Many readers will call to mind a rhyme which at the time terrorised the minds of hundreds of thousands of young and ignorant people —

“The world unto an end shall come

In Eighteen Hundred and Ninety-One.”

The date has been often changed and will (it may safely be said) continue to be changed for the benefit of future generations. It is curious to notice that hardly two philosophers agree as to the manner in which the end of the world may be expected to arrive. Some put their faith in a celestial catastrophe so terrible as literally to wipe our earth out of existence, while others prefer to believe that though man may no longer be able to exist, the world will still continue its appointed motions.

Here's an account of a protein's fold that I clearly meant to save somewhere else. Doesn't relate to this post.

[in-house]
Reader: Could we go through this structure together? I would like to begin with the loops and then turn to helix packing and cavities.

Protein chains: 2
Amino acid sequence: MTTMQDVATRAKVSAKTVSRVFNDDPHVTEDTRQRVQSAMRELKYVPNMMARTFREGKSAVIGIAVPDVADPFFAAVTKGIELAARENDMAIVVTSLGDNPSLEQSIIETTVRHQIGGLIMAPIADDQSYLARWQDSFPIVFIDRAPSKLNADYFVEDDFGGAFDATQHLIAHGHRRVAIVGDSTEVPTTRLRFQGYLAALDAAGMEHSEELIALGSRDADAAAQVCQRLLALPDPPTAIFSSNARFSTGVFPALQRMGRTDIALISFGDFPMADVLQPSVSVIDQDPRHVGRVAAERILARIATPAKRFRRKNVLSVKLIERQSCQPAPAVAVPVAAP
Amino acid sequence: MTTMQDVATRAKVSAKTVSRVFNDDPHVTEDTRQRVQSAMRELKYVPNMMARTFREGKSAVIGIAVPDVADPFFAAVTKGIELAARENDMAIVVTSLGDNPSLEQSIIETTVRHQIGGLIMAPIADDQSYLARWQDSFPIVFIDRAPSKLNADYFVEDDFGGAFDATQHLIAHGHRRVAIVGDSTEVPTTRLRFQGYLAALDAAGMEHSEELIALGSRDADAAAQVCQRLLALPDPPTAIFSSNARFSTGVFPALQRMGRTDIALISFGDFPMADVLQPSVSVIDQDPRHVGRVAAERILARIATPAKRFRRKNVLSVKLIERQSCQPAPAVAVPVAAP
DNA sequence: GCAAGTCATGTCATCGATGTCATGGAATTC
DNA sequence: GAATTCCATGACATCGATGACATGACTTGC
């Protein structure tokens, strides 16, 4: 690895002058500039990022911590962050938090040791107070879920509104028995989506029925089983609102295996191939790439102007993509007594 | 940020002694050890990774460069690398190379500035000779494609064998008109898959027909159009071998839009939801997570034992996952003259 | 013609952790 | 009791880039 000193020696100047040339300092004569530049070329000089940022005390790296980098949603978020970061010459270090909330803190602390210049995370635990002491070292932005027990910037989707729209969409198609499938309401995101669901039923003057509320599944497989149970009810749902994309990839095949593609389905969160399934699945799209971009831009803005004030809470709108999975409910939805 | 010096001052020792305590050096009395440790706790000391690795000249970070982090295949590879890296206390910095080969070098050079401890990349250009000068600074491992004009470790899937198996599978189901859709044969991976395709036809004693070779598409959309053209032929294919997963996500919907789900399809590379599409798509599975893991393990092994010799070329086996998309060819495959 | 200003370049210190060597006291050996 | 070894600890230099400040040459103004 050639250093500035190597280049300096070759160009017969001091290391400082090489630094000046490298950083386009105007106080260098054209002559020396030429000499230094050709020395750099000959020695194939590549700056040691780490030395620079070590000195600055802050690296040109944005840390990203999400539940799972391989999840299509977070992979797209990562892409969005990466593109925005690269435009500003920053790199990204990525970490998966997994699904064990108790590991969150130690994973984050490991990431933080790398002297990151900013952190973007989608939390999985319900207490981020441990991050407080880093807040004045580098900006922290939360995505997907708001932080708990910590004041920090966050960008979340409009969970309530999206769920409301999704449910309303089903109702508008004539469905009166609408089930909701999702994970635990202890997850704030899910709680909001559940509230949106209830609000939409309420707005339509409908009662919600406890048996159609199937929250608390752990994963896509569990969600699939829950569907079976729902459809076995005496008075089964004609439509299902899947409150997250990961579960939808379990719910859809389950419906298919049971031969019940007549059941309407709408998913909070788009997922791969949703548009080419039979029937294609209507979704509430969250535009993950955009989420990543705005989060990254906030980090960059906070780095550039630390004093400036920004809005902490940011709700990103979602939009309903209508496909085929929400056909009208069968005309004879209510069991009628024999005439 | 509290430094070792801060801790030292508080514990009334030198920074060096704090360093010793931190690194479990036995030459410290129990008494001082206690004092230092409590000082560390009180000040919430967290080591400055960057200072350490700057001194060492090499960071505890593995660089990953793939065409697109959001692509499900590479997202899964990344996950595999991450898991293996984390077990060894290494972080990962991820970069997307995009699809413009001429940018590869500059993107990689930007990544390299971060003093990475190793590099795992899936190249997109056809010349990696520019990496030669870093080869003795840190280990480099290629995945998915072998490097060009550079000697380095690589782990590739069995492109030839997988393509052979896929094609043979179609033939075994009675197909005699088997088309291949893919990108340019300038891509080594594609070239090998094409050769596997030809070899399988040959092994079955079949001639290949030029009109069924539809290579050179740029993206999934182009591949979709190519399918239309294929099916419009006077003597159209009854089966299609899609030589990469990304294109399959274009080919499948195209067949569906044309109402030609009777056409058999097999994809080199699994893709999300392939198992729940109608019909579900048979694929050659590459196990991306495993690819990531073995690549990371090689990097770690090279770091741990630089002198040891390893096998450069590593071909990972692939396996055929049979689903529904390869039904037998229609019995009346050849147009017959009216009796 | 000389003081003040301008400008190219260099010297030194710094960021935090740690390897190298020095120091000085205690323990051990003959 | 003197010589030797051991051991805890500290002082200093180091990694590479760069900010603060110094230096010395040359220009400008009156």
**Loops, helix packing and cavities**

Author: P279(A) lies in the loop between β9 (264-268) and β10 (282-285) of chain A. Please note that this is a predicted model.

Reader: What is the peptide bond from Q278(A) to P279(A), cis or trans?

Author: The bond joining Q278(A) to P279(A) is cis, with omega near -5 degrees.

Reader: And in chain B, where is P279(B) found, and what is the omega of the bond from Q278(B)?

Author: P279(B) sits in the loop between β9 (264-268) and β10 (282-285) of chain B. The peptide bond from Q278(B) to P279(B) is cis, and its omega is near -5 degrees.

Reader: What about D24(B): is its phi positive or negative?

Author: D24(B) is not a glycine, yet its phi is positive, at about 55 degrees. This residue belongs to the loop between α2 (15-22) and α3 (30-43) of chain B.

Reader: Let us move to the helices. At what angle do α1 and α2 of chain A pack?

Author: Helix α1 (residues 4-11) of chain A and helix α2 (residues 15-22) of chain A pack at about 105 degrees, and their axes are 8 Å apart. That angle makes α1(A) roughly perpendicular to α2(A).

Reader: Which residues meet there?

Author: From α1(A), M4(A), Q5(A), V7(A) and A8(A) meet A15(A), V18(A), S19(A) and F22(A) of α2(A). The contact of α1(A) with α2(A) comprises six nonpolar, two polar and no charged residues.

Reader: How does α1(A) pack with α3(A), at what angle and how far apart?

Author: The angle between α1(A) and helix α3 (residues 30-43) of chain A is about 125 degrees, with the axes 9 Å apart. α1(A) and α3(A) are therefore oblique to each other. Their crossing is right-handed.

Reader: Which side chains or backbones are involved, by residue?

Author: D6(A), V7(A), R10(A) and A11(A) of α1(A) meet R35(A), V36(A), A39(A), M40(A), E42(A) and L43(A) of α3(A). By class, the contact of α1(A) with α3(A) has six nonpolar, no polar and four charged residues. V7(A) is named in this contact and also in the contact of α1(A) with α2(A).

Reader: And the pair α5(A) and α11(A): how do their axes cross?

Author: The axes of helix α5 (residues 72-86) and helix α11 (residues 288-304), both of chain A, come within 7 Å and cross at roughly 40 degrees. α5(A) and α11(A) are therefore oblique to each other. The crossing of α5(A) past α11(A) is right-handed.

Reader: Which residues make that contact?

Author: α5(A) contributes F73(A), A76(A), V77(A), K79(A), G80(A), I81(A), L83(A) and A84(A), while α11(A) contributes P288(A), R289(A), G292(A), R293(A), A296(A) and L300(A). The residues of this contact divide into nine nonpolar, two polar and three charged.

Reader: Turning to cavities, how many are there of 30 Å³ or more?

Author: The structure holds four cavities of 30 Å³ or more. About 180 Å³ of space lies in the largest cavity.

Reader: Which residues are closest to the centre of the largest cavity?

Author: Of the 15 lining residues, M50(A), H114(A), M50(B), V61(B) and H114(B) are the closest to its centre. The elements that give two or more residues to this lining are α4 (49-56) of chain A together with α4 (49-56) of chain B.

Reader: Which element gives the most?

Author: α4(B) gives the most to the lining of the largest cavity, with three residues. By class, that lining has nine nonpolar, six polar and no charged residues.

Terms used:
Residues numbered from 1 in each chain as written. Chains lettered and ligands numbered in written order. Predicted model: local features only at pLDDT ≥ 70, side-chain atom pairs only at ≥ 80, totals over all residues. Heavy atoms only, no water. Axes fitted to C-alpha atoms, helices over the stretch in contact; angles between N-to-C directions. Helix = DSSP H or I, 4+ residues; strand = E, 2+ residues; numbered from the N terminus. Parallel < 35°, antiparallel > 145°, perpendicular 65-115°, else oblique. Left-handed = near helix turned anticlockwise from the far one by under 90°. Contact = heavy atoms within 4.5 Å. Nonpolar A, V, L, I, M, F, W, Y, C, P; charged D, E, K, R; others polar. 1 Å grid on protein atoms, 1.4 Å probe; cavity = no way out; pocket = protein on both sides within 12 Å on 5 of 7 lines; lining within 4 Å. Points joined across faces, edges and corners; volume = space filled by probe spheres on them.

Lord Kelvin startled us not long ago by affirming that there was only oxygen in the atmosphere sufficient to last mankind for some 300 years, and that the world was doomed to die of suffocation. Everyone knows that in an atmosphere devoid of oxygen no animal being can live for long. Put a mouse under an air-tight glass containing some burning substance that exhausts the oxygen, and it will be speedily suffocated. Thus will it be (so says Lord Kelvin) with man, who is himself lighting the fires for the suffocation of his progeny.

On an average it requires three tons of oxygen to consume one ton of fuel, and the oxygen that exists in our atmosphere is practically all the supply available for the purpose. As shown by the barometer the average weight of the air is 14.9 pounds to the square inch, which gives a total weight for the earth of 1,020,000,000,000 tons of oxygen. At the rate of three tons of oxygen to one ton of fuel, the weight of fuel which can be consumed by this oxygen is 340,000,000,000 tons.